The CBD market is definitely still expanding, and showing no signs of slowing down anytime soon. You can find CBD-infused foods, drinks, pet treats, supplements, etc., not to mention skincare products as well. There are thousands upon thousands of skin-nourishing products on the market today that contain healthy amounts of CBD in them. But do you really know what a CBD topical is and how it works? If not, read on.
What Are CBD Topicals?
Topicals, in case you’re new to the term, are skincare and cosmetic products that you apply to the skin directly. CBD topicals use the potent nature of CBD to nourish and soothe the skin, often even achieving improvement over how it looks and feels. There are many CBD skincare products that are marketed as being able to bring down redness and relieve dryness and to also improve the appearance of the largest organ in our bodies.
The Different Skincare Products Infused With CBD
Many different kinds of CBD skincare products are available on the market today. Some of these have cannabidiol as the main ingredient, while others use it alongside a range of other botanicals with proven benefits. The main CBD topicals you need to know about include the following.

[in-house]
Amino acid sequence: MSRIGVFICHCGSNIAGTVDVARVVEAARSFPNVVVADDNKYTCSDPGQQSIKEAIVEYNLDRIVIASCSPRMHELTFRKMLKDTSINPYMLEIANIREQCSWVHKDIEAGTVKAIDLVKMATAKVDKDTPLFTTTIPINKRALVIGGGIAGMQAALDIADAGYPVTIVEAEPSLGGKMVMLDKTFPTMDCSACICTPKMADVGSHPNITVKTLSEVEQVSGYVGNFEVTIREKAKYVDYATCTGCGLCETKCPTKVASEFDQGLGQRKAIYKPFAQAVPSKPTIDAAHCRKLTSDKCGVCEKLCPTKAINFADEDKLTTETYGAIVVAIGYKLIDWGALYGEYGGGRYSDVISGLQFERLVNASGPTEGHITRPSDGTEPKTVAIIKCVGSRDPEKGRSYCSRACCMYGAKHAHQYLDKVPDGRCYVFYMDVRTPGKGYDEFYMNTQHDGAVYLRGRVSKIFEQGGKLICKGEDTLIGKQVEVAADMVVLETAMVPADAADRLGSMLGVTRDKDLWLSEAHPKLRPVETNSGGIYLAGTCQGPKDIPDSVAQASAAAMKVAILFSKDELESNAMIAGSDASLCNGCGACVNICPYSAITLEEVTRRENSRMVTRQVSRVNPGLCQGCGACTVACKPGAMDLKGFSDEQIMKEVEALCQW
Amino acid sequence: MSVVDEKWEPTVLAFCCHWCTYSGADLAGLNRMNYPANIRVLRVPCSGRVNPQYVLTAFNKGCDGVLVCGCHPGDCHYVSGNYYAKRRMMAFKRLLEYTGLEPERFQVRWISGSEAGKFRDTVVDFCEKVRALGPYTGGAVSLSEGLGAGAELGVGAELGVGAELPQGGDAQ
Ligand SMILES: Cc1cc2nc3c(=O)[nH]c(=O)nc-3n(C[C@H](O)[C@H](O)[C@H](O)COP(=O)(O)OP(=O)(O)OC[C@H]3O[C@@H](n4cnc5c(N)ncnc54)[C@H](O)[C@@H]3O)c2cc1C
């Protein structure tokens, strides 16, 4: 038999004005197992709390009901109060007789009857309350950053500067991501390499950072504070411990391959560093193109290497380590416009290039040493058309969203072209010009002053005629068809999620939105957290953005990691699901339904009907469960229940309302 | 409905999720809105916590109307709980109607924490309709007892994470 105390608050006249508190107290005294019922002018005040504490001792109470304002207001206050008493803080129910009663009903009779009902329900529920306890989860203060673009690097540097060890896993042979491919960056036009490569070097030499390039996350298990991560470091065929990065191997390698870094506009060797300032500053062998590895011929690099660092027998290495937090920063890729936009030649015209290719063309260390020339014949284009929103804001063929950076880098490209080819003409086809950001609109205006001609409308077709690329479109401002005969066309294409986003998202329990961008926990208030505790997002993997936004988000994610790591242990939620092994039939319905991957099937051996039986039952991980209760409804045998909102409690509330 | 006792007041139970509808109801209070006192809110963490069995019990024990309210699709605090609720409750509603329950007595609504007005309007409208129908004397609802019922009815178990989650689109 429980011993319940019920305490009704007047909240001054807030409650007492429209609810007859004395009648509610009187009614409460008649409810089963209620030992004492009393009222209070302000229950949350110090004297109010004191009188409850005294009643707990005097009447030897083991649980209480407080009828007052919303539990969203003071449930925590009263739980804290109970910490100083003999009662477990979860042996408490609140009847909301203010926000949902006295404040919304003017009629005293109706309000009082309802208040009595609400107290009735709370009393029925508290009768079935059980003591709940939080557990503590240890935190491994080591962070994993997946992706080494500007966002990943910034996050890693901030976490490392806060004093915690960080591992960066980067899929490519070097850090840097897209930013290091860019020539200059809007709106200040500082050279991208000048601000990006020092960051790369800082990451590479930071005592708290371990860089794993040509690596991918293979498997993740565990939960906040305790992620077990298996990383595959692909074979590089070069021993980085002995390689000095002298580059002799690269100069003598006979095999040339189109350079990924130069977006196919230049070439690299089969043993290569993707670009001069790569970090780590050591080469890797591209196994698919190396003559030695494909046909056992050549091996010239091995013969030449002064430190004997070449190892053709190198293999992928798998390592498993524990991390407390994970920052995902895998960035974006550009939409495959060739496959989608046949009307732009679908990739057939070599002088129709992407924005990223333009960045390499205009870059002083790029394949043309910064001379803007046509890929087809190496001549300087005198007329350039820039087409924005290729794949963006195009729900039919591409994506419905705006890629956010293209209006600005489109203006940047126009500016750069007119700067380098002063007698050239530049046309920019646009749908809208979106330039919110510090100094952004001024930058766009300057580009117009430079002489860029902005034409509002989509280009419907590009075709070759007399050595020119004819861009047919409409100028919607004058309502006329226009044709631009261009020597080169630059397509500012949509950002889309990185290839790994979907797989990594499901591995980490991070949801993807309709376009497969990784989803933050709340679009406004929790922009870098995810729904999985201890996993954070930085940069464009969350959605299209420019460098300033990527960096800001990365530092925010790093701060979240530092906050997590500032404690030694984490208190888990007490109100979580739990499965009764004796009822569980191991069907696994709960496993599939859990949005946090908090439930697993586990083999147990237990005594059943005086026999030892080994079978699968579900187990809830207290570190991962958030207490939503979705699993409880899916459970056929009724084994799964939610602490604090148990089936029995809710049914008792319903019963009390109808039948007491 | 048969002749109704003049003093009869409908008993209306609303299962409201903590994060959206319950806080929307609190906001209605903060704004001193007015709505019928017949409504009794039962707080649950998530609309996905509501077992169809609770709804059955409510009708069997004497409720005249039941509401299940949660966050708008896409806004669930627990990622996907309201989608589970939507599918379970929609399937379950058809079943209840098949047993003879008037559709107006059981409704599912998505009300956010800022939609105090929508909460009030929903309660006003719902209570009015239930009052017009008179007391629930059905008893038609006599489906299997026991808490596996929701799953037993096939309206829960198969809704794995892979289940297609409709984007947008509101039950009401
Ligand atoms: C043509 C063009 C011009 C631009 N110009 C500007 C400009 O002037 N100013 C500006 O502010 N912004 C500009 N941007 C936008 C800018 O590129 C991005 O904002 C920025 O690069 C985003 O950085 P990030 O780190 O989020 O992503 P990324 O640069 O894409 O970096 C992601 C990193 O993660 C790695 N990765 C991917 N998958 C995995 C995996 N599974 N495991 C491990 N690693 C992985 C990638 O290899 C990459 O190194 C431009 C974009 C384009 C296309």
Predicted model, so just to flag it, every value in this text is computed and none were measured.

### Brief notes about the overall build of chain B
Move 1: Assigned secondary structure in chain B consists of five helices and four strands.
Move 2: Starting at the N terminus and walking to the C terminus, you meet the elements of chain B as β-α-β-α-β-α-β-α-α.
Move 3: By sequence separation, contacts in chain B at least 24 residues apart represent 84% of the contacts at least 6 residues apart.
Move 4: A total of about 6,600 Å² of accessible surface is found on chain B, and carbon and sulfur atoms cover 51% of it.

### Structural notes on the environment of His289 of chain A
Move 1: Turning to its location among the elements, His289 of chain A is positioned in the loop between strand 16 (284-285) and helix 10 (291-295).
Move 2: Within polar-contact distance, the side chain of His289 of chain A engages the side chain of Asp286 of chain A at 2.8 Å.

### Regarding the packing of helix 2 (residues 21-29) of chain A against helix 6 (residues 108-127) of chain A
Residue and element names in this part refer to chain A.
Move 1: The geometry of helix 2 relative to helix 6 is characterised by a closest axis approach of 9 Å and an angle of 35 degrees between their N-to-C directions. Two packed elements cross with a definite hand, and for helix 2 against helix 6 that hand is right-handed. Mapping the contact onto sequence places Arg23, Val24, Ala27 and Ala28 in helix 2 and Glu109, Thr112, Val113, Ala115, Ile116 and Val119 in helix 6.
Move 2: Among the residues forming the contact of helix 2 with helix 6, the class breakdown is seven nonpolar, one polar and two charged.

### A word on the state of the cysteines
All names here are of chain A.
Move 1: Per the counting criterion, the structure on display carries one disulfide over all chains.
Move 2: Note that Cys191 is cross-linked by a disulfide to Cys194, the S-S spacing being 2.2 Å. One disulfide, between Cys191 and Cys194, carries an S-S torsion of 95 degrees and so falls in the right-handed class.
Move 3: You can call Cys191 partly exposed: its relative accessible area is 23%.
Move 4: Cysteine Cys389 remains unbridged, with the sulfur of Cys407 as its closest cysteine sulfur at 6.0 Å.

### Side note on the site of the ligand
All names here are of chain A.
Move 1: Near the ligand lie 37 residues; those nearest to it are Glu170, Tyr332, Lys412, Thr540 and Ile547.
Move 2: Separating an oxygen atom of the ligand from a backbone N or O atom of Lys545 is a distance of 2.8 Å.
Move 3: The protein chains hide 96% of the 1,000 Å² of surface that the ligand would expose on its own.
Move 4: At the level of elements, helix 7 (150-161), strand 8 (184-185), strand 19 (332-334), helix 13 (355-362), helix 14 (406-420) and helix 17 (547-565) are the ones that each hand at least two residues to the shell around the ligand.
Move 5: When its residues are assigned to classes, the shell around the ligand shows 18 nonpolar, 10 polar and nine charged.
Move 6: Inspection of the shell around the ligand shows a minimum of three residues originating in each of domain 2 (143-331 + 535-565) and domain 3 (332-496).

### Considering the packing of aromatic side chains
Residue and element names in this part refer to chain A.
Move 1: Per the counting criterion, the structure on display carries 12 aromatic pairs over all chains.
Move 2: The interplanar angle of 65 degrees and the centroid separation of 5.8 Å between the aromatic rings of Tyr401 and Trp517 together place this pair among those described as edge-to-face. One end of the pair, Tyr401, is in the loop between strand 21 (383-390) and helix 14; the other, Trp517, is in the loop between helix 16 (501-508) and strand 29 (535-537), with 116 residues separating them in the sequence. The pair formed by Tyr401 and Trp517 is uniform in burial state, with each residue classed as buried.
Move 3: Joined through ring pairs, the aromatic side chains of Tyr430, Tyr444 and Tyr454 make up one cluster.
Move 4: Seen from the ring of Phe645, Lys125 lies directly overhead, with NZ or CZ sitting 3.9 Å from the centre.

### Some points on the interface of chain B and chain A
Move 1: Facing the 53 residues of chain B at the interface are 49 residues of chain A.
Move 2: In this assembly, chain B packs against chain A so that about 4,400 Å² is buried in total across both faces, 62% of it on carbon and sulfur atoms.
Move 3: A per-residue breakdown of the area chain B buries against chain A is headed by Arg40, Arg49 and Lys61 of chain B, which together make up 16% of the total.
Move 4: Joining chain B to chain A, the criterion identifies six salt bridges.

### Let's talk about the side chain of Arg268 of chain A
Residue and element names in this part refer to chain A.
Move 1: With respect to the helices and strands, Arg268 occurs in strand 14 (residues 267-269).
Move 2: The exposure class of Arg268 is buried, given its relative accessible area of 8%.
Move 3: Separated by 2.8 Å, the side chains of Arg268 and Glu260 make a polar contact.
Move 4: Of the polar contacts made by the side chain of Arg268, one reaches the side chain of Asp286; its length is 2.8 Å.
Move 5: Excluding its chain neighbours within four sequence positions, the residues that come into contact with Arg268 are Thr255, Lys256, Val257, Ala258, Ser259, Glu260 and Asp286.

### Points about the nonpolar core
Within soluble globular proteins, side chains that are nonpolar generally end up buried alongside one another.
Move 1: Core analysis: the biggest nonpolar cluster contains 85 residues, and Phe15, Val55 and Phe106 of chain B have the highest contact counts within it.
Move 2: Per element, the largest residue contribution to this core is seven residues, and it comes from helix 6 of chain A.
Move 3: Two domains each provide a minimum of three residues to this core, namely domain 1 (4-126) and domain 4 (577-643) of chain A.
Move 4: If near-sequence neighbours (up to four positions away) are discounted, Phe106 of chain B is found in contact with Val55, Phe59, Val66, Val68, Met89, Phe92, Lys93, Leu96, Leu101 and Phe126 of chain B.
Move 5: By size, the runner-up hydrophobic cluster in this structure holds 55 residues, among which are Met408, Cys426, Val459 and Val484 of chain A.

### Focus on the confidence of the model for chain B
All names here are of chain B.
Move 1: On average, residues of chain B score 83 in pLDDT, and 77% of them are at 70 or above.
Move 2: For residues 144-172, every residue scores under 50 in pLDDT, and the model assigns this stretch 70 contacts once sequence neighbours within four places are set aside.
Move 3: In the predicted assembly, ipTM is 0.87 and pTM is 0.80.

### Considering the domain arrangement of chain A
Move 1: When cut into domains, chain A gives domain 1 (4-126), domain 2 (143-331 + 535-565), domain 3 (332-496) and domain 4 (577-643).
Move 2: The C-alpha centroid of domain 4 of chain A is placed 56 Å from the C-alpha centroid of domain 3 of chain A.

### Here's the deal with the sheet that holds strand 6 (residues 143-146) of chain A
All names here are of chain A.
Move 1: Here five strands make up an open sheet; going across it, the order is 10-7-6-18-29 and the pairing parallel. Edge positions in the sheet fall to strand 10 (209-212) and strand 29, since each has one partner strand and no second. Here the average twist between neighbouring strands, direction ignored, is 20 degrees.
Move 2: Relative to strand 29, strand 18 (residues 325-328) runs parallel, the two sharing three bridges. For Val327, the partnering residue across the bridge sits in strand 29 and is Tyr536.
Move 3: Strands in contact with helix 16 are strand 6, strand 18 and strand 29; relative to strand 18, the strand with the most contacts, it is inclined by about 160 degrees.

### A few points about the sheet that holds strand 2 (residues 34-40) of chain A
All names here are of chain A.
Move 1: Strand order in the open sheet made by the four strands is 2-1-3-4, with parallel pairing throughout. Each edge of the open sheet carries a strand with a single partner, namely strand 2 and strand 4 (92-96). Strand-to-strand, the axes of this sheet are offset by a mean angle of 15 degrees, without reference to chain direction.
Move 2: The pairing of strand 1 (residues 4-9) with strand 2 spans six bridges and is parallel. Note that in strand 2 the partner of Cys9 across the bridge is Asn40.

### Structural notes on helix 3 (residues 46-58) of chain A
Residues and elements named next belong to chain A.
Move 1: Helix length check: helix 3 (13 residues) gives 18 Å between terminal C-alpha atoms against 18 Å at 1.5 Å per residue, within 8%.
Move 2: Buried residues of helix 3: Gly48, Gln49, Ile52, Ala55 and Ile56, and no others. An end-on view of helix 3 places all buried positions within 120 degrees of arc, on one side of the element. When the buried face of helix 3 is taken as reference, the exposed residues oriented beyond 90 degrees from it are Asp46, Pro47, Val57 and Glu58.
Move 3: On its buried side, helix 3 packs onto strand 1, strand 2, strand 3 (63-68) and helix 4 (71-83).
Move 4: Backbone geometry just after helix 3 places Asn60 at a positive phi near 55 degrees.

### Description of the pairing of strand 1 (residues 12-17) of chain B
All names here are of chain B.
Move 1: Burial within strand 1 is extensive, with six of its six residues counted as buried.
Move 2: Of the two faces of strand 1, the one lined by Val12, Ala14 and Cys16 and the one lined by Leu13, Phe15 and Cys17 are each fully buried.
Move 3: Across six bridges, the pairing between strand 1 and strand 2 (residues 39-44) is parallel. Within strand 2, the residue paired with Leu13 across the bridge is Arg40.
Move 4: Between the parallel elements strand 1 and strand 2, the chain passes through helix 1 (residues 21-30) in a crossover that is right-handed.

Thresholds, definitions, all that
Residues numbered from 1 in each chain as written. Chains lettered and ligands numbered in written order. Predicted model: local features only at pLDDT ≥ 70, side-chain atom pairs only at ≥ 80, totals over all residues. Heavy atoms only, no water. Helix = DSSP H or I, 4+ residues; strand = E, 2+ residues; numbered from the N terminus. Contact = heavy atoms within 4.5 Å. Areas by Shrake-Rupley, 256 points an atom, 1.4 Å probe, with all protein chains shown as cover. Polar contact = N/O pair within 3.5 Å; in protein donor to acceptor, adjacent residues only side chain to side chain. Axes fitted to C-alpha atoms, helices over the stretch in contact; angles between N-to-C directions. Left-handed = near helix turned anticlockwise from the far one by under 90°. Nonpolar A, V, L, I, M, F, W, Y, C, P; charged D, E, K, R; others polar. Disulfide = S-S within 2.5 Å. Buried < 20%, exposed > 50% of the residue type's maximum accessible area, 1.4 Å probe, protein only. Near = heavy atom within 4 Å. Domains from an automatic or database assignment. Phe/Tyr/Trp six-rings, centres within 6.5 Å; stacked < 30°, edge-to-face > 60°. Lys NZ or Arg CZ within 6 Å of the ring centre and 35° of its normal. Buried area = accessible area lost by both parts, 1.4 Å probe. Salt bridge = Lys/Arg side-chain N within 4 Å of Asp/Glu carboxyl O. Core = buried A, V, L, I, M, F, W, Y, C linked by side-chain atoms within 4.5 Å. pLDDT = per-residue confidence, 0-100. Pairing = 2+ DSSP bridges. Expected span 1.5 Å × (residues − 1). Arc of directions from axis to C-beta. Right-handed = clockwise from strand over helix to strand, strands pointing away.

- Oils: CBD oil generally suspends the cannabinoid within carriers like hemp seed oil and olive oil. It has flexible applications, and sometimes contains isolated CBD forms (this is referred to as pure CBD oil), while other times it features a full-spectrum extract containing cannabis phytochemicals (CBD oil without THC over 0.3% is legal).
- Creams: These have thicker as well as heavier ingredients aimed at moisturizing the skin, often by means of a firm barrier.
- Lotions: These have high water content compared to creams, and are lighter and non-greasy. These are used to leave the skin hydrated after application.
- Balms: Balms containing CBD have no water in them, which means they are solidified oils that melt into the skin.
The Different Skin Cell Types With CannabinoidReceptors
- Mast cell: This type of cell helps maintain a balance within the immune system, and serves as the first front against pathogens.
- Keratinocytes: These guard against parasitic, viral, and microbial invasion, while also protecting against UV radiation.
- Melanocytes: These skin cells are responsible for the production of the skin-darkening pigment named melanin.
- Sebocytes: These constitute a highly specialized skin type and are responsible for producing sebum, which is the oily substance protecting and moisturizing the skin.